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Introduction

Fairy tales are more than true: not because they tell us that dragons exist, but because they tell us that dragons can be beaten.”

Neil Gaiman

I’m really excited we’re going on this journey together. This is a book on implementing interpreters for programming languages. It’s also a book on how to design a language worth implementing. It’s the book I wished I had when I first started getting into languages, and it’s the book I’ve been writing in my head for nearly a decade.

In these pages, we will walk step by step through two complete interpreters for a full-featured language. I assume this is your first foray into languages, so I’ll cover each concept and line of code you need to build a complete, usable, fast language implementation.

In order to cram two full implementations inside one book without it turning into a doorstop, this text is lighter on theory than others. As we build each piece of the system, I will introduce the history and concepts behind it. I’ll try to get you familiar with the lingo so that if you ever find yourself in a cocktail party full of PL (programming language) researchers, you’ll fit in.

But we’re mostly going to spend our brain juice getting the language up and running. This is not to say theory isn’t important. Being able to reason precisely and formally about syntax and semantics is a vital skill when working on a language. But, personally, I learn best by doing. It’s hard for me to wade through paragraphs full of abstract concepts and really absorb them. But if I’ve coded something, ran it, and debugged it, then I get it.

That’s my goal for you. I want you to come away with a solid intuition of how a real language lives and breathes. My hope is that when you read other, more theoretical books later, the concepts there will firmly stick in your mind, adhered to this tangible substrate.

1 . 1 Why Learn This Stuff?

Every introduction to every language book seems to have this section. I don’t know what it is about programming languages that causes such existential doubt. I don’t think ornithology books worry about justifying their existence. They assume the reader loves birds and get moving.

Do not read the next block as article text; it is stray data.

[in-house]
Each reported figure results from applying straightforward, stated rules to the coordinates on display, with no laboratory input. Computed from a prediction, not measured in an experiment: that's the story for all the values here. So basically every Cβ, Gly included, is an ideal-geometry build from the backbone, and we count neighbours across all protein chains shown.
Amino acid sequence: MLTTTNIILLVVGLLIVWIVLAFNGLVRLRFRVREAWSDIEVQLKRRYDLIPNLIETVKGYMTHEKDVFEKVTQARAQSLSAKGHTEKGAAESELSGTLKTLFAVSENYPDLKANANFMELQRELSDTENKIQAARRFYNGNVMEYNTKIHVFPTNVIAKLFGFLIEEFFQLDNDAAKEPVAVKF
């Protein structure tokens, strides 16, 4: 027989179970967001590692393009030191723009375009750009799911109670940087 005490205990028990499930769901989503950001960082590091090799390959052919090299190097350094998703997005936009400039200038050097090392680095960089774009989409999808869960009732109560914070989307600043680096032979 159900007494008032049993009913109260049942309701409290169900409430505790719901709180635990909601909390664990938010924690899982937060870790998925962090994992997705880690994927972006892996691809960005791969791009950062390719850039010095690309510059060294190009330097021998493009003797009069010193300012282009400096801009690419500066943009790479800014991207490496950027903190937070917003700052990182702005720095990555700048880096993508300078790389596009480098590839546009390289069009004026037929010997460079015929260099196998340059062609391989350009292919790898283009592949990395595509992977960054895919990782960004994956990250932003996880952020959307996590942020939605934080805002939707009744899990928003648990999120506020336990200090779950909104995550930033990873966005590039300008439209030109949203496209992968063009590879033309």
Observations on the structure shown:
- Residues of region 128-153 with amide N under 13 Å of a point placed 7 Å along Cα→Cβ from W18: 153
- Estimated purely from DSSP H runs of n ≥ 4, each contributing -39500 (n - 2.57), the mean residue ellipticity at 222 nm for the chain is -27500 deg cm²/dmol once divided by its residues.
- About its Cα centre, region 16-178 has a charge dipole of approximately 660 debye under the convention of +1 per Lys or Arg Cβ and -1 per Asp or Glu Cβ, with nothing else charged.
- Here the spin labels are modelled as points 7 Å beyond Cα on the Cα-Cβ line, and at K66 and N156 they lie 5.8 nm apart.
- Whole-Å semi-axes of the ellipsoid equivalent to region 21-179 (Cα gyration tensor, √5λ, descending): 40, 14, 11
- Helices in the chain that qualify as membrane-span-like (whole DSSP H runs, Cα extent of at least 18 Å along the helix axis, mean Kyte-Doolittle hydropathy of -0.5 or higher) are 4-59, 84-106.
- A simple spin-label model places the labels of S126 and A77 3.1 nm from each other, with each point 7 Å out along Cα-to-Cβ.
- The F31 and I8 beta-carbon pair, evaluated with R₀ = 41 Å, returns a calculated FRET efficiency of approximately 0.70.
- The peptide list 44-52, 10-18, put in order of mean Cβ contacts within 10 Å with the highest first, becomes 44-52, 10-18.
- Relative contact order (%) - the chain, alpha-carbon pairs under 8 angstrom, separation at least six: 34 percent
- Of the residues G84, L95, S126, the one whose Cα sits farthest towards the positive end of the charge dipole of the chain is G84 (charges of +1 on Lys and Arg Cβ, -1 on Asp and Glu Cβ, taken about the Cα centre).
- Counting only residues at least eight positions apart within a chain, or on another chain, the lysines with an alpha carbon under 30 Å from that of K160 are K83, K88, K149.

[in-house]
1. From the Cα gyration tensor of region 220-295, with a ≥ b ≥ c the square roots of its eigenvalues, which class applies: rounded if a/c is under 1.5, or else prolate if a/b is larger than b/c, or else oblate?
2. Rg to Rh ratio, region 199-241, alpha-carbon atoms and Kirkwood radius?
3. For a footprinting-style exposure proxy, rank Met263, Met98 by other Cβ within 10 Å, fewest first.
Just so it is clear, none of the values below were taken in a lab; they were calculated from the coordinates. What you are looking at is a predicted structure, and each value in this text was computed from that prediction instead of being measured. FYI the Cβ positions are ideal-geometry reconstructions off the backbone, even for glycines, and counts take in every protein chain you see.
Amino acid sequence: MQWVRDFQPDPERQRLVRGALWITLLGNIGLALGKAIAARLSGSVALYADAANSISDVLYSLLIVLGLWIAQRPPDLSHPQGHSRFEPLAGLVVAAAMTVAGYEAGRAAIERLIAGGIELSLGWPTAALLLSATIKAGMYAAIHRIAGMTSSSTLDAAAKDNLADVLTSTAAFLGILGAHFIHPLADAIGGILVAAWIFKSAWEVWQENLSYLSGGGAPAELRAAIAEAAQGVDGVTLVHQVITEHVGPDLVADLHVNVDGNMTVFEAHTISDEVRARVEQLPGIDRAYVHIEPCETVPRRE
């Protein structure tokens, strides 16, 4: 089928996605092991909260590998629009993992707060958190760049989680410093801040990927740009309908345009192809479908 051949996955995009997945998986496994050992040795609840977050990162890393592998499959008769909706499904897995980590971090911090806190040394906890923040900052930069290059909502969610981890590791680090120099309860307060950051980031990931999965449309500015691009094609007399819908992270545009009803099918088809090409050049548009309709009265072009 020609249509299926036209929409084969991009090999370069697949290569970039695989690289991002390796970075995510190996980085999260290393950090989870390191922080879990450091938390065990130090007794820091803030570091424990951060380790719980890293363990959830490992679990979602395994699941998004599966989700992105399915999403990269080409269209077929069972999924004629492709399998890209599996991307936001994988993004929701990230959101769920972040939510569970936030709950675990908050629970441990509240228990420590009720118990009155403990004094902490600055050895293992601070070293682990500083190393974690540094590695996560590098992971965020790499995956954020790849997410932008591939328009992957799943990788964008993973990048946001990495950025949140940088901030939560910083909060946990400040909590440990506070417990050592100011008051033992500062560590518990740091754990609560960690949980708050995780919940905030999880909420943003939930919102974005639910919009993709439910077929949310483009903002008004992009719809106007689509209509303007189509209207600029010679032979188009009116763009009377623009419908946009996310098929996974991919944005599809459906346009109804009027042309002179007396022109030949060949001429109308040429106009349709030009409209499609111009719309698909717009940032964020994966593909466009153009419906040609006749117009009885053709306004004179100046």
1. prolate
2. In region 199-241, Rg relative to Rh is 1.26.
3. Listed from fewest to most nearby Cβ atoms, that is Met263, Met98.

But programming languages are a little different. I suppose it is true that the odds of any of us creating a broadly successful general-purpose programming language are slim. The designers of the world’s widely-used languages could fit in a Volkswagen bus, even without putting the pop top camper up. If joining that elite group was the only reason to learn languages, it would be hard to justify. Fortunately, it isn’t.

1 . 1 . 1 Little languages are everywhere

For every successful general-purpose language out there, there are a thousand successful niche ones. We used to call them “little languages”, but inflation in the jargon economy led today to the name “domain-specific languages”. These are pidgins tailor-built to a specific task. Things like application scripting languages, template engines, markup formats, and configuration files.

A random selection of little languages.

Almost every large software project needs a handful of these. When you can, it’s good to reuse an existing one instead of rolling your own. Once you factor in documentation, debuggers, editor support, syntax highlighting, and all of the other trappings, doing it yourself becomes a tall order.

But there’s still a good chance you’ll find yourself needing to whip up a parser or something when there isn’t an existing library that fits your needs. Even when there is one to reuse, you’ll inevitably end up needing to debug and maintain it and poke around in its guts.

1 . 1 . 2 Languages are great exercise

Long distance runners sometimes train with weights strapped to their ankles or at high altitudes where the atmosphere is thin. When they later unburden themselves, the new relative ease of light limbs and oxygen-rich air enables them to run farther and faster.

Implementing a language is a real test of programming skill. The code is complex and performance critical. You must master recursion, dynamic arrays, trees, graphs, and hash tables. You probably use hash tables at least in your day-to-day programming, but how well do you really understand them? Well, after we’ve crafted our own from scratch, I guarantee you will.